I'm not sure how much you've heard, but the Vigil has a pretty poor track record with medical professionals. If you have one good experience with a doctor and one bad, that's a 50% success rate. But if you have any number of good experiences and then three experiences where a doctor tries to murder you, that's more like a 300% failure rate.

He knocked on my older sister's door and immediately walked into her room. I followed, persistently tapping on his shoulder to try to get his attention.

Mom was already in there, going through the closet. My little sister Pixley was wearing five layers of Dixon's tee-shirts and a heap of necklaces. Pixley held her arms above her head, and Mom tugged a sixth shirt over her head.

Dixon looked up from her laptop, taking out an earbud. She said, "What ridiculous thing did Carm do this time?"

I had everybody's interest.

Dad grabbed me in a hug as I tried to slip out. "Dixon, could you call your brother's doctor and get him a physical?"

She looked spooked. "Yeah, sure."

"Wow!" I drew attention to the mound of clothes that was my little sister. "What a funny thing that's happening over there! We should talk about that!"

Mom came over to me, worried. "We're spring cleaning, sorting out which clothes we're keeping and which we're donating."

"Donating to meee," Pixley said, as she pulled a dozen tangled necklaces out of her collar.

Mom asked, "You didn't hear me tell you about it?" She started peering in my ear.

"I'm fine, really," I said, but you can't argue with a Deaf woman when she's focused on inspecting your earhole. "Really," I insisted, mostly to everybody else in the room now.

Mom and Dad both let me go, pulling back to a more serious distance. Mom shielded her mouth and said out loud: "Margare_da_odil_ are ugly." Then she asked, "Okay, repeat back what I just said."

I can't hear certain whispery noises like "t" and "f," but there were enough sounds left that I could fill in the rest from context. Mom was probably critiquing our neighbor's poor gardening skills again. I guessed, "Maggie's daffodils are ugly?"

She frowned. "Are you asking me or telling me?"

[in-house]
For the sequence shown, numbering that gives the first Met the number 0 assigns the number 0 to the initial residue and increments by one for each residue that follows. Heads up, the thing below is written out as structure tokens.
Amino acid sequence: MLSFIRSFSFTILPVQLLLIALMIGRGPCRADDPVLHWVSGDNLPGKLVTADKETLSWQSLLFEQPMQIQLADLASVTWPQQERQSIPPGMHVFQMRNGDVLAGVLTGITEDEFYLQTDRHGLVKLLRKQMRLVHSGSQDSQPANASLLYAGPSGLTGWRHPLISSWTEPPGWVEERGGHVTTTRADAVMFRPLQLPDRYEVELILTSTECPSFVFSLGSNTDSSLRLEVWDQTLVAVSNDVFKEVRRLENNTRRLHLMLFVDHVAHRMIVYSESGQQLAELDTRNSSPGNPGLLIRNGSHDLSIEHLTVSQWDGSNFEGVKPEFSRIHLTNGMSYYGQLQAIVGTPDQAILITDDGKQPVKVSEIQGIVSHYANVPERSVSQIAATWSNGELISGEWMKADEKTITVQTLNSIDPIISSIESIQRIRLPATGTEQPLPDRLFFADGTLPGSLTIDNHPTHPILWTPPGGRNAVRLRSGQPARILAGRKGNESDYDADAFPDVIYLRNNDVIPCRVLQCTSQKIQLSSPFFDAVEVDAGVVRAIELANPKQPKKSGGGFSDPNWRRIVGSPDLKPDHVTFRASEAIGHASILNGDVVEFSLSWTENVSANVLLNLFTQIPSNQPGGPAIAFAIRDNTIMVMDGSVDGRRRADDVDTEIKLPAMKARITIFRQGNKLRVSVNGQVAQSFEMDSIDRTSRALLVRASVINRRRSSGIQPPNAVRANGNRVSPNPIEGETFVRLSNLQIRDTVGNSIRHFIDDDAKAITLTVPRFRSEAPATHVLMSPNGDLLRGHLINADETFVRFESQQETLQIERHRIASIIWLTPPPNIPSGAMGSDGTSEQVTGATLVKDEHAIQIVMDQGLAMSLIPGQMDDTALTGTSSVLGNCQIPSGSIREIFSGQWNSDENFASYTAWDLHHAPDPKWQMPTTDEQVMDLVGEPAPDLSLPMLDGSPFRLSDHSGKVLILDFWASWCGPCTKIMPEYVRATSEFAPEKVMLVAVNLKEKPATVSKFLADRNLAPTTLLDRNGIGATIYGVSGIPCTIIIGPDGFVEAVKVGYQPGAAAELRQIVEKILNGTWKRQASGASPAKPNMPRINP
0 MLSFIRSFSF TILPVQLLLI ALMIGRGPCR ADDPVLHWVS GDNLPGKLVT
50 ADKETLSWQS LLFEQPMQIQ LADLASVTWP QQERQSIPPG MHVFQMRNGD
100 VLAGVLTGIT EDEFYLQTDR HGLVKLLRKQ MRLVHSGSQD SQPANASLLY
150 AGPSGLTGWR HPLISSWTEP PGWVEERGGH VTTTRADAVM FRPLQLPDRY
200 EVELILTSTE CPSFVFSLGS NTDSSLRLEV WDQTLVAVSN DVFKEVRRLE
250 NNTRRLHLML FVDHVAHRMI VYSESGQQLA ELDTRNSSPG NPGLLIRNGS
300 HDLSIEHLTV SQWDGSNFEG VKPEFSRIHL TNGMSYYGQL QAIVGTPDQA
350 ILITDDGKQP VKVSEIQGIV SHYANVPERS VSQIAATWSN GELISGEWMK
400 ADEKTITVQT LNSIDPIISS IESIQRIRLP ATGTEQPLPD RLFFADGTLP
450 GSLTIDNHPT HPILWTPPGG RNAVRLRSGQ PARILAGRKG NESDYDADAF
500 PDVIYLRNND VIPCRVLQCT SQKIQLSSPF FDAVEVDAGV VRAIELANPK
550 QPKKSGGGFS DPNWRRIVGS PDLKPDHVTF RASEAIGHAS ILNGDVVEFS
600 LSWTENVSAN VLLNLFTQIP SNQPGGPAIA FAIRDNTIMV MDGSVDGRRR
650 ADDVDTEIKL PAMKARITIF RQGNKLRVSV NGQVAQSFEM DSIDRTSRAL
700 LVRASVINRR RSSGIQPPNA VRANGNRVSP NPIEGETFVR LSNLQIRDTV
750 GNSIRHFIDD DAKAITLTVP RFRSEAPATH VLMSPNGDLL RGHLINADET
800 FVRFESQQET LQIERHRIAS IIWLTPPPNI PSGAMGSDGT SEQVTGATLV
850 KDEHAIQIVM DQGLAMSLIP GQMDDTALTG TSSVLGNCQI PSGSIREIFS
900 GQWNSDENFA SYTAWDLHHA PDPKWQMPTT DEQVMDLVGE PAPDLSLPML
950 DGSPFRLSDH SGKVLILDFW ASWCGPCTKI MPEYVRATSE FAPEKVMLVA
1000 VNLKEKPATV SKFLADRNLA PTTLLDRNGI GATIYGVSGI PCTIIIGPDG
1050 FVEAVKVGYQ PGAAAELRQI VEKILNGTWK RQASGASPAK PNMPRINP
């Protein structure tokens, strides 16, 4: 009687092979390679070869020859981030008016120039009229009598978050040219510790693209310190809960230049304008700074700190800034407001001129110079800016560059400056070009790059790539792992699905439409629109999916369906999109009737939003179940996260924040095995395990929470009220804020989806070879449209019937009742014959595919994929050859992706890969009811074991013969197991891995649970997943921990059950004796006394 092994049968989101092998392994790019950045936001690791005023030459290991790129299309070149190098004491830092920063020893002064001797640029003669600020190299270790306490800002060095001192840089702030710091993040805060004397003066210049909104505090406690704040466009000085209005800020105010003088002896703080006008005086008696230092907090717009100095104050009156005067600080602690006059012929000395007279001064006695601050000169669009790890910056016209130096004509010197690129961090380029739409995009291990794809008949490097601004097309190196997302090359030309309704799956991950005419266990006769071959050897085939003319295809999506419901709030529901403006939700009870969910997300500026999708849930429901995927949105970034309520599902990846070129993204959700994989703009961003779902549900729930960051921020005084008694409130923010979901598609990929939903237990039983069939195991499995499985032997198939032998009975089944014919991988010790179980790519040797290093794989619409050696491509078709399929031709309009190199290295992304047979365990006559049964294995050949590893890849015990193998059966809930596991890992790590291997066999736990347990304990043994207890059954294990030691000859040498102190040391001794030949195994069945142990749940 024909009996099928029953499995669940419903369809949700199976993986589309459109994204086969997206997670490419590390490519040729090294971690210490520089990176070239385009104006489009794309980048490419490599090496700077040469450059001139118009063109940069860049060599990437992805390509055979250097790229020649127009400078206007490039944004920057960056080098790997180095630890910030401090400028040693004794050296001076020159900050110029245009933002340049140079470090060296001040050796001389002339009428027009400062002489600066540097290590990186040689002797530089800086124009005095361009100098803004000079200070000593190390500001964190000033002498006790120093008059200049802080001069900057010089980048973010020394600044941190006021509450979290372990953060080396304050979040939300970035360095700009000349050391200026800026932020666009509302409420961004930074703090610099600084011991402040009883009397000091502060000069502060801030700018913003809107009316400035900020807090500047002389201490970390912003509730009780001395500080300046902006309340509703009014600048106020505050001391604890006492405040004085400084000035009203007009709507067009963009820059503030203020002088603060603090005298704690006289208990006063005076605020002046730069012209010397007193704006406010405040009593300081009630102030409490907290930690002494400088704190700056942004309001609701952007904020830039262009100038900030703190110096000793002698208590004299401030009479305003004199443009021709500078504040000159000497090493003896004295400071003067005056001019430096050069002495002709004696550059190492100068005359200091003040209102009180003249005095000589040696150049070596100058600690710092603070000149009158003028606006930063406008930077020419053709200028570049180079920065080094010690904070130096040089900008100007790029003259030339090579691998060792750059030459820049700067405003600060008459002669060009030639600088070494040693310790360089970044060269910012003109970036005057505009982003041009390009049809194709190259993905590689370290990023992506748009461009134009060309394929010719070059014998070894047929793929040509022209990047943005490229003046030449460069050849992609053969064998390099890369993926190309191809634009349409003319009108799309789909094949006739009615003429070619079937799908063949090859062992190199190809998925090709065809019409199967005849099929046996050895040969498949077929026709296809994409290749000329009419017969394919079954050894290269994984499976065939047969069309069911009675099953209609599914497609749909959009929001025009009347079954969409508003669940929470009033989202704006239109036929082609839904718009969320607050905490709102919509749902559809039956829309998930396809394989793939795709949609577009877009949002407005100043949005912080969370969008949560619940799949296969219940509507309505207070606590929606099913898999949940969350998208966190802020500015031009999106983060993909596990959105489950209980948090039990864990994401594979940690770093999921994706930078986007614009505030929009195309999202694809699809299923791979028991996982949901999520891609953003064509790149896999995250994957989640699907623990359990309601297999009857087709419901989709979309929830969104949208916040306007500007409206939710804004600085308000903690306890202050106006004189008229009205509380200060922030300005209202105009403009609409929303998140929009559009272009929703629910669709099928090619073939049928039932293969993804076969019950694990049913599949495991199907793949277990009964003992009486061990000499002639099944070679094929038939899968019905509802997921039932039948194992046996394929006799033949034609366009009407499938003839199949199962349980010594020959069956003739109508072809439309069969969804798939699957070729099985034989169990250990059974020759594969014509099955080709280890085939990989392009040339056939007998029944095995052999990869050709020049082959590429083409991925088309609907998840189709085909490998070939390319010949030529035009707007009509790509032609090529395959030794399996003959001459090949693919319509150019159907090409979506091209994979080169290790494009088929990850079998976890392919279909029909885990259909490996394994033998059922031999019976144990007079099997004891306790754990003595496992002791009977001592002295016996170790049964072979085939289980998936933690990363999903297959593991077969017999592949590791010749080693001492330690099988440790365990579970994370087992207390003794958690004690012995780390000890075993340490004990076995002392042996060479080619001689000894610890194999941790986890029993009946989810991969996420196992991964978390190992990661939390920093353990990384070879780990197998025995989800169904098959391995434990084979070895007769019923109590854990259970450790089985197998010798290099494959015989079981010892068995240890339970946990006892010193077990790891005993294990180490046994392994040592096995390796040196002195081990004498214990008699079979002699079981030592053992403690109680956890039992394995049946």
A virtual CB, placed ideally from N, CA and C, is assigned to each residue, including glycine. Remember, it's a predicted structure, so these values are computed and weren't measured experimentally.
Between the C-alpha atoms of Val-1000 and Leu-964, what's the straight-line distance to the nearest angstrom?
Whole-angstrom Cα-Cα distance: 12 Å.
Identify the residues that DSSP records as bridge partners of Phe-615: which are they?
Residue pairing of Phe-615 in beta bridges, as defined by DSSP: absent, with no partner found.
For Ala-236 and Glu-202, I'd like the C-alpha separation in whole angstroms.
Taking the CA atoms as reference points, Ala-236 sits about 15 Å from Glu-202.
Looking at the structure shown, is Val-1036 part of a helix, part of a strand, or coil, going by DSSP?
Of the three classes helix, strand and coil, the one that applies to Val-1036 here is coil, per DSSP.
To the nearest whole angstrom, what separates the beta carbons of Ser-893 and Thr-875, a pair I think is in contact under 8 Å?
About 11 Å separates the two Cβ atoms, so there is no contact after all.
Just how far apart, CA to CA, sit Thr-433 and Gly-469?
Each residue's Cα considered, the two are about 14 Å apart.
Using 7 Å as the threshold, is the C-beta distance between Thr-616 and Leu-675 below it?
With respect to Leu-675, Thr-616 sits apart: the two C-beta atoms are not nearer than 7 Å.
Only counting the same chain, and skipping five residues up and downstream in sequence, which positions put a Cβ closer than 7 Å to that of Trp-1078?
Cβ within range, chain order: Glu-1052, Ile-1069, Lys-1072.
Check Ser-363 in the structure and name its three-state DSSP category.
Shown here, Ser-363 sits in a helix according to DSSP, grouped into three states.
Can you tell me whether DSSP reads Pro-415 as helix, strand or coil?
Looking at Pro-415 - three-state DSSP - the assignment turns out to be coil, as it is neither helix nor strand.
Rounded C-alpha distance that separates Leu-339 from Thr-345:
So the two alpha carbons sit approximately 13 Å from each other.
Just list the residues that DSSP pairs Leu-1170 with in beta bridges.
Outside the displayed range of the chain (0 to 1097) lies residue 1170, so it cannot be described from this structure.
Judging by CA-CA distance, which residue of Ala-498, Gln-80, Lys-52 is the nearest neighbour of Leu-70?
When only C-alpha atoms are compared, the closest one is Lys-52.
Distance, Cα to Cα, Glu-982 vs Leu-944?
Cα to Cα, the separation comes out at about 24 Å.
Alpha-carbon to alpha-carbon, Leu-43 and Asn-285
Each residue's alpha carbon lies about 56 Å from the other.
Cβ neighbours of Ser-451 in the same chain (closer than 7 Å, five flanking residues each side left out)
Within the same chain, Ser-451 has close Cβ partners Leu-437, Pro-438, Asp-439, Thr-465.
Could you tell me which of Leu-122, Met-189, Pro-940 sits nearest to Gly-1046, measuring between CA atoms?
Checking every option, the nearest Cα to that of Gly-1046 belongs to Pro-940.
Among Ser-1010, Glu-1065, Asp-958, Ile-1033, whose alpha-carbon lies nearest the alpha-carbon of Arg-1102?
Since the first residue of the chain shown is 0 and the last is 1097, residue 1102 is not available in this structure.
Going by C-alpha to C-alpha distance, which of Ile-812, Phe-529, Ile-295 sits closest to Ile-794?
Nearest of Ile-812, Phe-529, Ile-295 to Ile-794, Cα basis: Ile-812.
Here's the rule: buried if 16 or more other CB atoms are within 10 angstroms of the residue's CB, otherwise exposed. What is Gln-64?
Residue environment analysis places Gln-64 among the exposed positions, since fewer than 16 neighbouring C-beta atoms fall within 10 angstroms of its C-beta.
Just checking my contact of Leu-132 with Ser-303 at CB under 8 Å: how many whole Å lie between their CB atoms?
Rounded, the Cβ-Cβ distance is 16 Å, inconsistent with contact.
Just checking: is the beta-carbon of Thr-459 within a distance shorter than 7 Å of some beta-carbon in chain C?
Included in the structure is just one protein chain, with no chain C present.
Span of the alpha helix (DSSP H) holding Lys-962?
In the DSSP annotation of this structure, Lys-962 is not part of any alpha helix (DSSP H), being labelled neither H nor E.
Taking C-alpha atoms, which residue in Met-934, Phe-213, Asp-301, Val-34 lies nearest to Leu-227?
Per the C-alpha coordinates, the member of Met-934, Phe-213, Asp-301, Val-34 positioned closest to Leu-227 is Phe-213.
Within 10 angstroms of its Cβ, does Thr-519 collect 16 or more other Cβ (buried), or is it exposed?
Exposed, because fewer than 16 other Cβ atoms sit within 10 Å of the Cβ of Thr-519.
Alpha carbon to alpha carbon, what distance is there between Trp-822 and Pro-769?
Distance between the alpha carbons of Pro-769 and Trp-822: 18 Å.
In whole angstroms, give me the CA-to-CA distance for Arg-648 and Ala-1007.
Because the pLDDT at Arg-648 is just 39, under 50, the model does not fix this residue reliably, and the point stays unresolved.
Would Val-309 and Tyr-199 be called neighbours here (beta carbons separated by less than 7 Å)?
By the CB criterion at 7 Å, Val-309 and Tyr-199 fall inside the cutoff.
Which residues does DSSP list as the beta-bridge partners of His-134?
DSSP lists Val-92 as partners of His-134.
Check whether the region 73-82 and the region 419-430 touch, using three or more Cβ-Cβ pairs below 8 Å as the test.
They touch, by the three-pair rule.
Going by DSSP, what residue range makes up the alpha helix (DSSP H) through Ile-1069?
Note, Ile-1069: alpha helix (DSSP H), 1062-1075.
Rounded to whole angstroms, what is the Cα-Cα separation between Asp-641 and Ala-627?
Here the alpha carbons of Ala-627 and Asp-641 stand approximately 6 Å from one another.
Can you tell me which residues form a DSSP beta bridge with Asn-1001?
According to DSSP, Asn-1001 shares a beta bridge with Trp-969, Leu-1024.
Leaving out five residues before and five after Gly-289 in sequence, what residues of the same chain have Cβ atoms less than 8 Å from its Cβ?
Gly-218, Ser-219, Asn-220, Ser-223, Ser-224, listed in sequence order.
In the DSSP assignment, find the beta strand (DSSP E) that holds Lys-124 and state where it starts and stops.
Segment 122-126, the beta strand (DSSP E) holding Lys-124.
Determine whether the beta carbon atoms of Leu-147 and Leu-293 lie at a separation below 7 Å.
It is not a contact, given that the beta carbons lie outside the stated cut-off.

"Telling you," I said quickly.

She went back to looking me over, the other ear this time. I'd passed the test, but I wasn't off the hook just yet.

Dixon glanced at me and then Dad. "Am I calling the doctor… now?"

"Yes, please do," he said, and so Dixon did.

I tried to laugh like this was a really funny joke. "Is this really necessary?"

Dad said, "If something's out of the ordinary, you get checked out. That's how it works. You can't coast through your healthcare like you coast through your classes."

Oh man, we were really hitting the bingo card of uncomfortable topics hard today.

I said sloppily, "It's just a little ringing, it'll be gone before we can even get an appointment!"

Dixon shifted the phone. "Good news, there's an opening tomorrow afternoon."

I cursed into my hands.

"Great!" Dad said, relieved. "Dixon, can you get your brother to his appointment tomorrow?"

She nodded and scribbled down the time.

"Then it's settled."

"But…" My mind was racing. I slid a hand under my hat and touched the hidden bruise on my forehead, but I would need far, far more hands to cover up all the other nasty prizes I'd racked up from months of meleeing monsters. I couldn't let the doc see me, I couldn't go, I couldn't go.

Dixon was still looking at me as she closed her laptop and got off the bed. "Hey, don't look so glum," she said, and sang, "I hear they give you a lollipop if you're good!"

I sighed. "Thank you, Dixon, that's of great comfort to me."

It was about that time that I resolved to sabotage this doctor's appointment in every way I could.

Pixley went back to combing through the closet. She beamed as she took a crop top off the hanger.

Mom snatched it out of her hands.

Dixon bit back a laugh, putting an elbow on Pixley's head. She said to Mom, "It's fine, it'll be full-length on her."

Pixley pushed her off, and she stood on tip-toes, squaring off with Dixon. "Just wait until I get my growth spurt. Revenge will be swift. Swift and very tall."